Any reductions in blood-pressure targets could potentially lead to higher exception rates. The exception rate for hypertension in England has remained at 2.5% from 2010/11 to 2011/12. For individual indicators the exception rate for BP4 and BP5 is 1.2% and 3.9%, respectively; BP4 had the fifth lowest exception rate out of all the clinical indicators in the QOF.18 In Scotland the equivalent exemption rates in 2011/12 for BP4 and BP5 are 3.0% and 5.6%, respectively. Eight practices in Scotland had an exception rate higher than 20% for BP5,19 implying that a higher number of patients are being exempted rather than reaching the current target for blood pressure.

Although lowering of targets may increase exception reporting, it may also highlight the problem of resistant hypertension and improve its management.

Resistant and pseudoresistant hypertension

Traditionally, resistant hypertension has been defined as a seated clinic blood pressure >140/90 mmHg despite treatment with at least three blood-pressure lowering agents, where one is usually a diuretic.20 NICE CG127 suggests that the three agents should be in accordance with the recommended ACD treatment algorithm.1 NICE also recommends that (resistant) hypertension should be confirmed by recording a blood pressure level >135/85 mmHg.1 Up to 20% of the hypertensive population may be affected by resistant hypertension,20 but those with a ‘white-coat’ effect should, ideally, be excluded by the use of home or ambulatory measurements.

Pseudoresistant hypertension is inadequate control without resistant hypertension. Possible causes include poor office measurement technique, white-coat effect, poor patient adherence with prescribed therapy, and a suboptimal blood-pressure lowering regimen.20

It is important to exclude pseudoresistant hypertension and other causes of the condition as 5%–10% of people with resistant hypertension may have an underlying reason for their elevated blood pressure.20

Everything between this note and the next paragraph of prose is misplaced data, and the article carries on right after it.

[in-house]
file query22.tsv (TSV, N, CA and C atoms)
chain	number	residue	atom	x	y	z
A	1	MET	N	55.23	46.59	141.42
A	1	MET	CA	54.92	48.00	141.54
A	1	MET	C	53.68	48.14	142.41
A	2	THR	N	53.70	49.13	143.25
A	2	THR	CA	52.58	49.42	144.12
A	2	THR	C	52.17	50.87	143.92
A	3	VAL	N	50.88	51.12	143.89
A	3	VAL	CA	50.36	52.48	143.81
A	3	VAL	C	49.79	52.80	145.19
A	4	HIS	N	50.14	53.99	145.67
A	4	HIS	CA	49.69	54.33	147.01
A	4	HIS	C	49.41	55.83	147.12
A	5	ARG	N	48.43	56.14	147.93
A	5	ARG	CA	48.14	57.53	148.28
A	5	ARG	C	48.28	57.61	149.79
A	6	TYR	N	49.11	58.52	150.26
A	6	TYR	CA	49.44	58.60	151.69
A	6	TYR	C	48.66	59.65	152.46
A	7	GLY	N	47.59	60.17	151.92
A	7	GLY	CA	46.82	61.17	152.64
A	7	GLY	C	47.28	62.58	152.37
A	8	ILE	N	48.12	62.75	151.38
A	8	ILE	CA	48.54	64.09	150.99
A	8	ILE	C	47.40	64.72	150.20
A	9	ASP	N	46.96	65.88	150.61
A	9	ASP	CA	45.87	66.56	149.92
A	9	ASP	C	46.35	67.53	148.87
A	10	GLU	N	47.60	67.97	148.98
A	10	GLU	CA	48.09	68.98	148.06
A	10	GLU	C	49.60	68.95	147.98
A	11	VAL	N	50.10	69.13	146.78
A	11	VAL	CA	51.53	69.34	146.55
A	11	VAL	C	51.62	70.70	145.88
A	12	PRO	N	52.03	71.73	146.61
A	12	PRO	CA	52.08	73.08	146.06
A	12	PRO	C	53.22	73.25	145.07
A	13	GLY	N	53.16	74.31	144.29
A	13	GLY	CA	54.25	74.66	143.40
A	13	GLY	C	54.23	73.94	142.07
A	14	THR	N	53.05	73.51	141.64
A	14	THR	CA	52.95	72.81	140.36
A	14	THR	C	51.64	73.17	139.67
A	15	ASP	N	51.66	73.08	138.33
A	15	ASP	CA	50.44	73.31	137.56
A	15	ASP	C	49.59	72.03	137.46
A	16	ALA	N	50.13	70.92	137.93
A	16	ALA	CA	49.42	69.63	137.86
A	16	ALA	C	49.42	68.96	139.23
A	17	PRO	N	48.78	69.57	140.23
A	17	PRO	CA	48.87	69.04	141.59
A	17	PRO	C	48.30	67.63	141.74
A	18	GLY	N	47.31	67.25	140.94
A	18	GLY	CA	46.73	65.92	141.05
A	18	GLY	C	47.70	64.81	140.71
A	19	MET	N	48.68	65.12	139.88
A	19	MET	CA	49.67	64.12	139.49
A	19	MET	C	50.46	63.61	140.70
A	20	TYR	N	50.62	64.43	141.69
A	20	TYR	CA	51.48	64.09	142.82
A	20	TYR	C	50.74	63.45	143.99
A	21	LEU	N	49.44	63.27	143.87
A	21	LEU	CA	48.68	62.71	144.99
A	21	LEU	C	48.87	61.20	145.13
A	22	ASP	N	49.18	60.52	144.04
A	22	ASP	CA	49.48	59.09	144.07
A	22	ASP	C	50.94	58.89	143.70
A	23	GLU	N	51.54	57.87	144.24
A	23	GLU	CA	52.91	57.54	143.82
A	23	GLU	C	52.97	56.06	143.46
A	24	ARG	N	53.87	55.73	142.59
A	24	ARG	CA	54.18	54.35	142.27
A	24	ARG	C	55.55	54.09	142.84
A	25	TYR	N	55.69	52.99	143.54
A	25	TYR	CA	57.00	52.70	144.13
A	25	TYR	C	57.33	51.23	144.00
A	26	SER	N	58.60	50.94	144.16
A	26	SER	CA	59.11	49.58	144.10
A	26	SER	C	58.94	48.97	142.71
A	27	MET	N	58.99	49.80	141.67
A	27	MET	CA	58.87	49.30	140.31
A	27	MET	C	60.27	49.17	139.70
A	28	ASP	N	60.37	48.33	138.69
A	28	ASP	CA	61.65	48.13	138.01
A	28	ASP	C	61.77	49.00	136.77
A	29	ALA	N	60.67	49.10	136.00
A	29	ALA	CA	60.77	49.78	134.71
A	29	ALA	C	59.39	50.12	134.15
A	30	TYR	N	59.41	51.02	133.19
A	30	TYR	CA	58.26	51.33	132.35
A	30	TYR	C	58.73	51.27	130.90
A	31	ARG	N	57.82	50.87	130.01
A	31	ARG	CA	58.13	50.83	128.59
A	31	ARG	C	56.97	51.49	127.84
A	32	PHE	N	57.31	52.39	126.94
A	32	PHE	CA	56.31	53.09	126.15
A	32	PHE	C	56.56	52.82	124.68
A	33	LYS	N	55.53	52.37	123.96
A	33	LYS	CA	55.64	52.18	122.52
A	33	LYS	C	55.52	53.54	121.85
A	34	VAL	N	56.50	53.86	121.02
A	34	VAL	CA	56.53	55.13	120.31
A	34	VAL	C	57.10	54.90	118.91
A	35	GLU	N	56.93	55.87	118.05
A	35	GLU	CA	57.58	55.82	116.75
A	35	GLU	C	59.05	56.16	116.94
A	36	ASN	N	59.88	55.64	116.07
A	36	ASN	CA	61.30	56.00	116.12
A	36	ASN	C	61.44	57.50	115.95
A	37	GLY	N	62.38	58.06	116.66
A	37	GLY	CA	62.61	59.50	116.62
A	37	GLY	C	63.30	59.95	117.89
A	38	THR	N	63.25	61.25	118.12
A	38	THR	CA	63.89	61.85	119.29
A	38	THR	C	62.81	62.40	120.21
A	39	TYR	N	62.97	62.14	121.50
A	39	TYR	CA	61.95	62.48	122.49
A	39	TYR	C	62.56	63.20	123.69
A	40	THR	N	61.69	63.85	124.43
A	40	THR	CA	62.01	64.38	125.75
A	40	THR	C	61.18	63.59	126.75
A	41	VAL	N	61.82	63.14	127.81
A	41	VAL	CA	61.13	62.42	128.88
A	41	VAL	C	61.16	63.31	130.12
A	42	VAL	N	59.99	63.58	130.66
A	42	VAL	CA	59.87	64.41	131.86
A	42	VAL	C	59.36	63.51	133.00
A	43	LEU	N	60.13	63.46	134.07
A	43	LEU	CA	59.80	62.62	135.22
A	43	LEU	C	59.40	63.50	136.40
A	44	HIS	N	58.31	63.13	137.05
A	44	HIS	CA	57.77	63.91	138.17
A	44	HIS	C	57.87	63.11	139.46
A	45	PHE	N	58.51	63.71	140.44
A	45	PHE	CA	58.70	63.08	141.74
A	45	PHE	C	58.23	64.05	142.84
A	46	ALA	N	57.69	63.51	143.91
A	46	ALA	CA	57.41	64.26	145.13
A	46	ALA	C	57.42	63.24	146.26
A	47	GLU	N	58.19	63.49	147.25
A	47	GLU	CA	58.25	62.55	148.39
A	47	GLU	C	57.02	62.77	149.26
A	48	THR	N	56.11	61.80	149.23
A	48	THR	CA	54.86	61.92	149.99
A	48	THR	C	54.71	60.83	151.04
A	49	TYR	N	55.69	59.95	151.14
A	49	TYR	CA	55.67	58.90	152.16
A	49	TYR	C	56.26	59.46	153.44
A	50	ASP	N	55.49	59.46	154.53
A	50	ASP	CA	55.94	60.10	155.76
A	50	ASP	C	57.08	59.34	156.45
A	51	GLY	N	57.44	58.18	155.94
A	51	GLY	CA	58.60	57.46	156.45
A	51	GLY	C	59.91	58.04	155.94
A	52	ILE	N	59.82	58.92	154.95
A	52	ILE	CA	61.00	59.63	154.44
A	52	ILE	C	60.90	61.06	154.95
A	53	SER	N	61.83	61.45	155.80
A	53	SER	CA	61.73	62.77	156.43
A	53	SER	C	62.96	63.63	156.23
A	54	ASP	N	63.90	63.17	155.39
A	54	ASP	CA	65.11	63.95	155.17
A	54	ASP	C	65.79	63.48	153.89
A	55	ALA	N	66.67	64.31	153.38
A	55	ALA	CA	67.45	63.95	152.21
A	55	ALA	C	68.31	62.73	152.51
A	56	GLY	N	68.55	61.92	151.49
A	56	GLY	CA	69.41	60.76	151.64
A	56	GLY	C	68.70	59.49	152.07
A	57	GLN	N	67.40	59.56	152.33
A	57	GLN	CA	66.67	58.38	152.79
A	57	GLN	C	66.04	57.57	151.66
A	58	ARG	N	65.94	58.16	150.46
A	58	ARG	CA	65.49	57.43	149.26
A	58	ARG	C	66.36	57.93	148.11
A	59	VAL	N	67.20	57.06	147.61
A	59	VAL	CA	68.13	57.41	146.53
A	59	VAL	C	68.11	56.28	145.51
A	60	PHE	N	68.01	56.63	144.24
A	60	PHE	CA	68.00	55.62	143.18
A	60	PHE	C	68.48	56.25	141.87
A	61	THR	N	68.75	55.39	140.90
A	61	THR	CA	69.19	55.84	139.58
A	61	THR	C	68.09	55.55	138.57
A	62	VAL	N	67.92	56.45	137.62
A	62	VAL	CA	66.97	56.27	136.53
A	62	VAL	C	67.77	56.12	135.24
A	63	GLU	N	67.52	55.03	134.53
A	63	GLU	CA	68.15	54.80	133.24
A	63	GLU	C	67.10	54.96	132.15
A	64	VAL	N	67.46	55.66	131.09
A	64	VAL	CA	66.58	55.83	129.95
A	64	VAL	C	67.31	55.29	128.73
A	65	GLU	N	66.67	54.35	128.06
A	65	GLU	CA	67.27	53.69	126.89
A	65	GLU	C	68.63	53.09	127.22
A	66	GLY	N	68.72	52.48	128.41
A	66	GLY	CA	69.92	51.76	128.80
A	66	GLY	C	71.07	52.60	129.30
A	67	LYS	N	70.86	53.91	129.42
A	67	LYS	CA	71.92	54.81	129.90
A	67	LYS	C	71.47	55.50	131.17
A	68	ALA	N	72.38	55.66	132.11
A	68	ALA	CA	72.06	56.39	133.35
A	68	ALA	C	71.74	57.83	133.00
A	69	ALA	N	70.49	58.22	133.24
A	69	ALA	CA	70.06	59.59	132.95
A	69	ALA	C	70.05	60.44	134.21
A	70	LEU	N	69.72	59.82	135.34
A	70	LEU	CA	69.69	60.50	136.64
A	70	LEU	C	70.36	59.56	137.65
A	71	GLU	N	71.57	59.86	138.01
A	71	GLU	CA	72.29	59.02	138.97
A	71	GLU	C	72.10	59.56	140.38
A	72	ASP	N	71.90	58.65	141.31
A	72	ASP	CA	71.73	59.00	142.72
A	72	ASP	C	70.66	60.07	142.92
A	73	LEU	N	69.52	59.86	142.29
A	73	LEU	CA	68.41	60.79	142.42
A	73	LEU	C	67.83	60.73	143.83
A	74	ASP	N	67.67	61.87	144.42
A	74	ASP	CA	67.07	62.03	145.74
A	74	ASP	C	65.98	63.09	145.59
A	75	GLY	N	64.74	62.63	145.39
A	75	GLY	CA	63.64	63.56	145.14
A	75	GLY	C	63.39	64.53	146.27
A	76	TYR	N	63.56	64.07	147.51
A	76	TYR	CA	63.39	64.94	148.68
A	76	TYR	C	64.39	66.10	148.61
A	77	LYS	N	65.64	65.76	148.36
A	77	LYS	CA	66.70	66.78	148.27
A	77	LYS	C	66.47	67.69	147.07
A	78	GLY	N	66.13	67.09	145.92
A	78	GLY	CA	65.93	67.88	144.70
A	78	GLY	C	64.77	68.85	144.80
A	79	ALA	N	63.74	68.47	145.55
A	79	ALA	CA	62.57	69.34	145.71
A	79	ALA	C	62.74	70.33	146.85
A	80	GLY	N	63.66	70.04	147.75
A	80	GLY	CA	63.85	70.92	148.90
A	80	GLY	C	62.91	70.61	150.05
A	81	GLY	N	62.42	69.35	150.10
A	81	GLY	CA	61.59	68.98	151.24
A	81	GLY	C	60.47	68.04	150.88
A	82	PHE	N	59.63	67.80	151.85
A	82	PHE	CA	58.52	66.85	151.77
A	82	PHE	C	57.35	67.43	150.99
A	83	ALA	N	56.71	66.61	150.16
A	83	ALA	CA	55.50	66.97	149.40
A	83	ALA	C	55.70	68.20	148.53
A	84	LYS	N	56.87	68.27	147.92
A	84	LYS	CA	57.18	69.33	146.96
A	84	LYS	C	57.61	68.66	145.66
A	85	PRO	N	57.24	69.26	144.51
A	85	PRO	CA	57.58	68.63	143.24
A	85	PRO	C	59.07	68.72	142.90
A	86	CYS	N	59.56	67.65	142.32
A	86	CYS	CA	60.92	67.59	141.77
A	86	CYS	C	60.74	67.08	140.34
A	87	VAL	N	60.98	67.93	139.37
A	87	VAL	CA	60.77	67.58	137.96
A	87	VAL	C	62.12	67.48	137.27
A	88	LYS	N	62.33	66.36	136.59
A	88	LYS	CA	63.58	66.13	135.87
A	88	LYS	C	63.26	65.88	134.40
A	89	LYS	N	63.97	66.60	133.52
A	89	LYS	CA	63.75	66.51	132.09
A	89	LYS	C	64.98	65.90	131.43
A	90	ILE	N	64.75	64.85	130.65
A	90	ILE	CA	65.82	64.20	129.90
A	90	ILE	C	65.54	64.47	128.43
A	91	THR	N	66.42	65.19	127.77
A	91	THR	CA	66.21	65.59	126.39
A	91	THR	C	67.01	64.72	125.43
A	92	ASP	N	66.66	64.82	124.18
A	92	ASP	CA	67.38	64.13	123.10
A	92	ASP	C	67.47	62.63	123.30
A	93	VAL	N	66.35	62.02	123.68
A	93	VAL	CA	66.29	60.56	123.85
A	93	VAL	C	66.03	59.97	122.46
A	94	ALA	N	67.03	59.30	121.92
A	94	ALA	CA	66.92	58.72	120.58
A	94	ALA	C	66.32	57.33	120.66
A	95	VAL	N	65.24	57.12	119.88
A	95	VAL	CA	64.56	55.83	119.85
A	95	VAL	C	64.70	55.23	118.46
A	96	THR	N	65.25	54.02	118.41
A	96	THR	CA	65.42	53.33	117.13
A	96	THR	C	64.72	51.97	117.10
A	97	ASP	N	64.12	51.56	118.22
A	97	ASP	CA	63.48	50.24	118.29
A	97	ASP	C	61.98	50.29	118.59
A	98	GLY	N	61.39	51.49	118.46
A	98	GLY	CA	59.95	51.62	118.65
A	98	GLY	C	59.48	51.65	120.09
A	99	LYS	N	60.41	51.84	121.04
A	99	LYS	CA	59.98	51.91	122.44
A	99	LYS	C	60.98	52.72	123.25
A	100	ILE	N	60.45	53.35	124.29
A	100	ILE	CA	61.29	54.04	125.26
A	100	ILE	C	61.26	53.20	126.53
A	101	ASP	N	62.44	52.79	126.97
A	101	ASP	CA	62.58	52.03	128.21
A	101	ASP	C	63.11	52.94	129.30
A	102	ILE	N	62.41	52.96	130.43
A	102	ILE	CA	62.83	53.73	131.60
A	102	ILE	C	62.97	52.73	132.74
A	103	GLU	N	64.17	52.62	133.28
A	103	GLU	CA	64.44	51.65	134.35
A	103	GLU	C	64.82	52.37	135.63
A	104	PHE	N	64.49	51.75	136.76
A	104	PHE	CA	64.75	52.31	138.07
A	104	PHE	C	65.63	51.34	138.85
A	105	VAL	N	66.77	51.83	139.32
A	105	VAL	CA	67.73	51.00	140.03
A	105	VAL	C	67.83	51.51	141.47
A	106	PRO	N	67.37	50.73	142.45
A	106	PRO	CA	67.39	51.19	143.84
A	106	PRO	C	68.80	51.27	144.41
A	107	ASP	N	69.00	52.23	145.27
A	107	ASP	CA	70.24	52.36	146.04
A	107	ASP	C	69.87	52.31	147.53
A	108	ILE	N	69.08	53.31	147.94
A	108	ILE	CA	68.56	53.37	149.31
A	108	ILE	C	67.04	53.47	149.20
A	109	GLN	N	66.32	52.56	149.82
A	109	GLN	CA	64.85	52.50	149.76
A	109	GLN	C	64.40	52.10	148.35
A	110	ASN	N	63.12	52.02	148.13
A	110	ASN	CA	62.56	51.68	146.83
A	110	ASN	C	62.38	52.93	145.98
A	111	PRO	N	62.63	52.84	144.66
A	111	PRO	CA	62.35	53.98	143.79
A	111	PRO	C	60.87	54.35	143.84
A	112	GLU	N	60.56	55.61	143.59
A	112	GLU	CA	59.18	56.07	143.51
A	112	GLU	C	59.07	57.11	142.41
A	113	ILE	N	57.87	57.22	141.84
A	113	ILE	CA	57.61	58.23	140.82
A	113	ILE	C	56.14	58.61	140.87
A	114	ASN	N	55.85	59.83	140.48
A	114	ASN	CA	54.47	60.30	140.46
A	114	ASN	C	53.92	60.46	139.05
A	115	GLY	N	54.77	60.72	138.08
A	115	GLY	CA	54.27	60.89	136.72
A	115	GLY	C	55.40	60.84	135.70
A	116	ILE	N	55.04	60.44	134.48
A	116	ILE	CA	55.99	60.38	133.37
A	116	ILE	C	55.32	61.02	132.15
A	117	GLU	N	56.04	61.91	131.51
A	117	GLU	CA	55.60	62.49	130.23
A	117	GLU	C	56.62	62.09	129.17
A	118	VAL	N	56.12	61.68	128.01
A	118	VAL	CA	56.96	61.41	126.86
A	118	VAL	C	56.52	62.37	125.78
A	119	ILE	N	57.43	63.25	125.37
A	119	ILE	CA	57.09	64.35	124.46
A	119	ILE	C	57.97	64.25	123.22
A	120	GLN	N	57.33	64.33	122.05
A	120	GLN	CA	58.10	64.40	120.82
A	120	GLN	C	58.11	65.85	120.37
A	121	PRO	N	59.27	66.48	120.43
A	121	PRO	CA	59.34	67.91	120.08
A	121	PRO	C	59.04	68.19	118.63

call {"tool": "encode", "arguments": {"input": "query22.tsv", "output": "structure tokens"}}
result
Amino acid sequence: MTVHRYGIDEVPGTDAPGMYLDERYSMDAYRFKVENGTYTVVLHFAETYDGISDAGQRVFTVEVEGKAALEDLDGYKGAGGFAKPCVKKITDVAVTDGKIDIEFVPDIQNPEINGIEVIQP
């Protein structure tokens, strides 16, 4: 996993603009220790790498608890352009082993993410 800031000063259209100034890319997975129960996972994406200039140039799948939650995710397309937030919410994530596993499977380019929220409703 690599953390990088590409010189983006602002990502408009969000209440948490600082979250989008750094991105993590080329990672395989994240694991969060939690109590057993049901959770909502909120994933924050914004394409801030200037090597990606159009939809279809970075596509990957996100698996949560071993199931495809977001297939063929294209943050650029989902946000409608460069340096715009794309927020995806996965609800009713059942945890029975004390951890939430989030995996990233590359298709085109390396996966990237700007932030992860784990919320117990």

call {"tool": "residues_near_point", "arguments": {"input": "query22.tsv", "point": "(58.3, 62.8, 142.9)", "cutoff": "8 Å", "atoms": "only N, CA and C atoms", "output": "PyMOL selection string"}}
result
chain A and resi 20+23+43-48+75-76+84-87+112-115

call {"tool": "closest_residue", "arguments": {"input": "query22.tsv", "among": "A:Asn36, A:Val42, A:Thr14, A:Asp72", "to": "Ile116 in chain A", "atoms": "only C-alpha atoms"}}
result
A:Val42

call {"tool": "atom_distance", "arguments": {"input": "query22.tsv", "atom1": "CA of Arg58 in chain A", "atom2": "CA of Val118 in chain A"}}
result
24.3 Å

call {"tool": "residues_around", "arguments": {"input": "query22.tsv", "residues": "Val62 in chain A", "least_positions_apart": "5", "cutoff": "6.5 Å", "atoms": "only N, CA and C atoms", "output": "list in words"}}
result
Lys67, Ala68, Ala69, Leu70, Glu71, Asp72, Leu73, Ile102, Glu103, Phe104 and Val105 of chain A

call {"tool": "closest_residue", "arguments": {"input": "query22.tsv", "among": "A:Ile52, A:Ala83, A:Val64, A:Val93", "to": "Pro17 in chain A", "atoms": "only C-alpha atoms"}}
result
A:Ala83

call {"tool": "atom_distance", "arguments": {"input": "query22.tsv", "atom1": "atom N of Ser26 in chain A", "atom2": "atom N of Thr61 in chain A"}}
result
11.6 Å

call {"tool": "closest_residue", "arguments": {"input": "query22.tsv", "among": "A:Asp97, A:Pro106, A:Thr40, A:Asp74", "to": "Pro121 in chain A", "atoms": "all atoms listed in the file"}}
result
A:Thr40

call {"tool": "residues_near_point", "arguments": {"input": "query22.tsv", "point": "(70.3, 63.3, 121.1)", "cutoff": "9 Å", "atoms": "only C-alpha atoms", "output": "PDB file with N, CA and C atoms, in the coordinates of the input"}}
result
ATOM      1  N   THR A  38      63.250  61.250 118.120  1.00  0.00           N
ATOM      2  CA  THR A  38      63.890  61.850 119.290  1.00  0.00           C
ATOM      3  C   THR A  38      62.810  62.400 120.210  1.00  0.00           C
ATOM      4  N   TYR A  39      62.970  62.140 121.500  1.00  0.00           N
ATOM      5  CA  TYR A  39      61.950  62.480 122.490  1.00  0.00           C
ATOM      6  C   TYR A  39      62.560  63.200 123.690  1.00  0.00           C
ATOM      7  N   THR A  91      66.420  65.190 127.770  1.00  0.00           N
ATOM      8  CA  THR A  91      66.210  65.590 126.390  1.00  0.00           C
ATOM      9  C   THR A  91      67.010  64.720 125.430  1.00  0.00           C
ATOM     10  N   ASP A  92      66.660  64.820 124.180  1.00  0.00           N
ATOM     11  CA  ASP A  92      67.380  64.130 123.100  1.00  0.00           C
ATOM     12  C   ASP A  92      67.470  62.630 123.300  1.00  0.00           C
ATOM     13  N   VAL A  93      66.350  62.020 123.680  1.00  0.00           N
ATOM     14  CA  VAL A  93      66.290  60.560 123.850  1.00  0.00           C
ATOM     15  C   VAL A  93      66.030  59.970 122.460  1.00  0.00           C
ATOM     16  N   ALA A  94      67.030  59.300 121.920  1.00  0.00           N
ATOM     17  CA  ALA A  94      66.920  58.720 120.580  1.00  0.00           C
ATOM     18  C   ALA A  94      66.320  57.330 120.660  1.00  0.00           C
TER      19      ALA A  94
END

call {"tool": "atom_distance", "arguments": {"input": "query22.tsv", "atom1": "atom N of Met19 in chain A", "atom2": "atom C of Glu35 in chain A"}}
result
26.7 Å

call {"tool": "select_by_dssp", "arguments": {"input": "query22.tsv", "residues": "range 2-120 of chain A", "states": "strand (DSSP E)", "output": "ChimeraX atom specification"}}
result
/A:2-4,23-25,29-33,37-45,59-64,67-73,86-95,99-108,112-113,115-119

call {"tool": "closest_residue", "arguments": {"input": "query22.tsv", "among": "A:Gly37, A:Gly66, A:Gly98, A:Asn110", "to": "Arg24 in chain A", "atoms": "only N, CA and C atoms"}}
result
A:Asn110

Inadequately controlled blood pressure should only be exception coded once resistant and pseudoresistant hypertension and other factors have been excluded. NICE suggests the following practical interventions to improve adherence to therapies that lower blood pressure:1

  • suggest that patients record their medicine taking
  • encourage patients to monitor their blood pressure
  • simplify the dosing regimen
  • use alternative or familiar packaging for the medicine
  • use a multi-compartment medicines system.


All members of the practice team need to be informed of the relevant guidance, the effects of high cardiovascular risk, the benefits of blood-pressure lowering, and the dangers of accepting suboptimal lowering of blood pressure. The introduction of lower blood pressure targets within QOF could lead to reduced cardiovascular outcomes in our patients.

Practice teams need to recognise and guard against any ‘clinical inertia’ that may lead to an increase in exception coding, which may not always be in the patient’s best interest.

  • Tighter targets for blood pressure control in the QOF next year are likely to increase prescribing costs, but have the potential to result in savings in reduced cardiovascular events
  • CCGs should ensure local formularies are in place for antihypertensive drugs as the vast majority of these are now available generically at low acquisition costs
  • CCGs might wish to consider funding practices to acquire devices for ABPM, which are recommended by NICE for use in the diagnosis of hypertension, as the cost is likely to be more than offset by reductions in prescribing budgets
  • NICE is now consulting on the use of ABPM in the diagnosis of hypertension as part of its indicators for QOF in 2014
  • Achievement of tighter blood-pressure targets may increase the risk of more iatrogenic falls, thereby causing fractures in the elderly; CCGs should encourage measurement of standing, as well as sitting blood pressures to detect postural hypotension
  • CCGs should work with colleagues in public health to encourage population measures to reduce the incidence of hypertension (e.g. providing advice on exercise, diet, salt, and alcohol reduction).